US 6430251 B1 Abstract An electronic device that counts the number of set bits in an input vector and asserts an output vector representative of the number of set bits. The electronic device uses a combination of dynamic logic components and static logic components to minimize gate delay. The electronic device may be configured so that dynamic logic components are used to count set bits in the least significant portion of an input vector while static logic components count set bits in the most significant portion of an input vector. The electronic device may include circuitry for preventing a false assertion of an output due to leakage current.
Claims(20) 1. A semiconductor device for counting set bits in an input vector comprising:
a first input stage performing a count of a first set of bits in the input vector in one gate delay;
a second input stage performing a count of a second set of bits in the input vector in one gate delay; and
an output stage multiplexing the count from the first input stage and the count from the second input stage to assert an output representative of a count of set bits in the input vector in less than one full gate delay.
2. The semiconductor device of
a dynamic logic assembly performing a population count of the first set of bits in the input vector, and asserting a count to one or more nodes.
3. The semiconductor device of
a static logic assembly performing a population count of the second set of bits in the input vector, and asserting the population count to one or more nodes.
4. The semiconductor device
a plurality of pass transistors forming an array between a first plurality of output nodes of the first input stage and a second plurality of output nodes of the second input stage.
5. The semiconductor device of
6. The semiconductor device of
7. The semiconductor device of
8. The semiconductor device of
9. The semiconductor device of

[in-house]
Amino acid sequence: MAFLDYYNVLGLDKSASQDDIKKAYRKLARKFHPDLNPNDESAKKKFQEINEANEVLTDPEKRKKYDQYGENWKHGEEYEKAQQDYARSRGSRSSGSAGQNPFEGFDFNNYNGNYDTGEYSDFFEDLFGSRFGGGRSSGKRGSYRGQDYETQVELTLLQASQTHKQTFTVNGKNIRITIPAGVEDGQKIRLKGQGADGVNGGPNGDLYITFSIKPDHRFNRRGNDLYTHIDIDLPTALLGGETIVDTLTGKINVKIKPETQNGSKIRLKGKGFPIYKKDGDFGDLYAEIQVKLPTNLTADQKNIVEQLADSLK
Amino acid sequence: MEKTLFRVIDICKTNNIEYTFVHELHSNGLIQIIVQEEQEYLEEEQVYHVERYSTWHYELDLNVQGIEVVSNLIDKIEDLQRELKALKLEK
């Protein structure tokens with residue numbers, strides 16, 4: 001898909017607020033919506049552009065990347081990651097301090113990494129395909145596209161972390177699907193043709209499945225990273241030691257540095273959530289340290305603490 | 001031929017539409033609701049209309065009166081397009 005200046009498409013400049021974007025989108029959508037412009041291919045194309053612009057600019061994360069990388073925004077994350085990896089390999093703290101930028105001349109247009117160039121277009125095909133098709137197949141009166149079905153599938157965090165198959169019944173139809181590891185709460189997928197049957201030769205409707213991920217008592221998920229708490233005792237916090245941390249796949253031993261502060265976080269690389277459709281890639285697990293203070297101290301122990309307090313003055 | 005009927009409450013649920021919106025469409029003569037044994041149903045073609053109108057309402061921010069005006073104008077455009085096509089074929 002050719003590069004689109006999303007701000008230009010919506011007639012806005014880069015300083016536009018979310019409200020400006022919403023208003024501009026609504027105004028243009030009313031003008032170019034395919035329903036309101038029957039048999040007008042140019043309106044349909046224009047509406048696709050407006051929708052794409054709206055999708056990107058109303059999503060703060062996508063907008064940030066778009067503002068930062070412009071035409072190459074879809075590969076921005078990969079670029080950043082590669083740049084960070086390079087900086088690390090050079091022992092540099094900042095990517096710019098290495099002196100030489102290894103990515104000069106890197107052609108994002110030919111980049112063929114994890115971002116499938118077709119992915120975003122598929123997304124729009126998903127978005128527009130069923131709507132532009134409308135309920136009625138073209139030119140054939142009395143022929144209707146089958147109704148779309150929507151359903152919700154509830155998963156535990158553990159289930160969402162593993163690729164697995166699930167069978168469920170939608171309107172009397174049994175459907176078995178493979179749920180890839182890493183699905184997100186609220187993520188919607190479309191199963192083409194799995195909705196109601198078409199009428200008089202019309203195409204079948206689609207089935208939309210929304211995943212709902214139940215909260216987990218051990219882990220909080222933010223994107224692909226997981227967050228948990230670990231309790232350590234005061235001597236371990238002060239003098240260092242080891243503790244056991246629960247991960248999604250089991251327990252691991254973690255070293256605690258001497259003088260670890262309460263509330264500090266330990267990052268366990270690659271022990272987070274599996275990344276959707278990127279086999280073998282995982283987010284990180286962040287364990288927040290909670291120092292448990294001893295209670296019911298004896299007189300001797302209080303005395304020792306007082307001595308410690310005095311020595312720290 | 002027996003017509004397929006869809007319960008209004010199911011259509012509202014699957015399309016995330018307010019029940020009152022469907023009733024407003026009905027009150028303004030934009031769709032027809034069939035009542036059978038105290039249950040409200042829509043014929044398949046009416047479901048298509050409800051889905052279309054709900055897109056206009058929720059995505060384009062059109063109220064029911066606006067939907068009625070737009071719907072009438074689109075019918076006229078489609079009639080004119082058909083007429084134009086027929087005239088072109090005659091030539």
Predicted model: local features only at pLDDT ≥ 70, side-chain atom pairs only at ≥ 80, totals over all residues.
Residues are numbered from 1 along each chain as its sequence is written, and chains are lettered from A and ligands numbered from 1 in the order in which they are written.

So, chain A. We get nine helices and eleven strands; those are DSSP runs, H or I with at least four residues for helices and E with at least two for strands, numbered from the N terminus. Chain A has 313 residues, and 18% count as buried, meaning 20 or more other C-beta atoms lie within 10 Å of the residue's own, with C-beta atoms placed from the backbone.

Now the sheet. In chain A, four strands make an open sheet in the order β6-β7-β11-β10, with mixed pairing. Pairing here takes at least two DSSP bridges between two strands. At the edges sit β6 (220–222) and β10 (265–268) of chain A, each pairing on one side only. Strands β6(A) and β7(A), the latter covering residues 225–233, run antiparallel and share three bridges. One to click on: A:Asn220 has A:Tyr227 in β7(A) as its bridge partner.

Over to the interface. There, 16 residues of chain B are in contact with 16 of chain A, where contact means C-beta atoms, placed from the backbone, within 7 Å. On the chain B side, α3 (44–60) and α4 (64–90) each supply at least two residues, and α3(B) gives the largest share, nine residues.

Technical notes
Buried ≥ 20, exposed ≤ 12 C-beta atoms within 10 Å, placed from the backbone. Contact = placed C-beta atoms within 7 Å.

10. A counter for performing a population count in less than three full gate delays, comprising:
a first plurality of input nodes, each corresponding to an input bit and a complement of the input bit from a first bit sequence of an input vector;
a second plurality of input nodes each corresponding to an input bit and a complement of the input bit from a second bit sequence of the input vector;
a first counting circuit for counting set bits in the first bit sequence of the input vector in one gate delay, wherein the first counting circuit asserts a first count to a first plurality of output nodes;
a second counting circuit for counting set bits in the second bit sequence of the input vector in one gate delay, wherein the second counting circuit asserts a second count to a second plurality of output nodes;
an array of pass gates in circuit with the first plurality of output nodes and the second plurality of output nodes to combine the first count from the first counter circuit and the second count from the second counter circuit to assert a total count of set bits in the input vector at a third plurality of output nodes in less than a full gate delay.
11. The counter of
12. The counter of
13. The counter of
a first dynamic logic assembly adapted for indicating that no bits are set in the first bit sequence of the input vector;
a second dynamic logic assembly adapted for indicating that at least one bit is set in the first bit sequence; and
a third dynamic logic assembly adapted for indicating that all bits in the first bit sequence are set.
14. The counter of
a first static logic assembly adapted for indicating that no bits are set in the second bit sequence of the input vector;
a second static logic assembly adapted for indicating that at least one bit is set in the second bit sequence; and
a third static logic assembly adapted for indicating that all bits in the second bit sequence are set.
15. A method of counting set bits in an input vector, the method, comprising the steps of:
performing a count of set bits in a first set of bits in the input vector using dynamic logic in one gate delay;
performing a count of set bits in a second set of bits in the input vector in one gate delay; and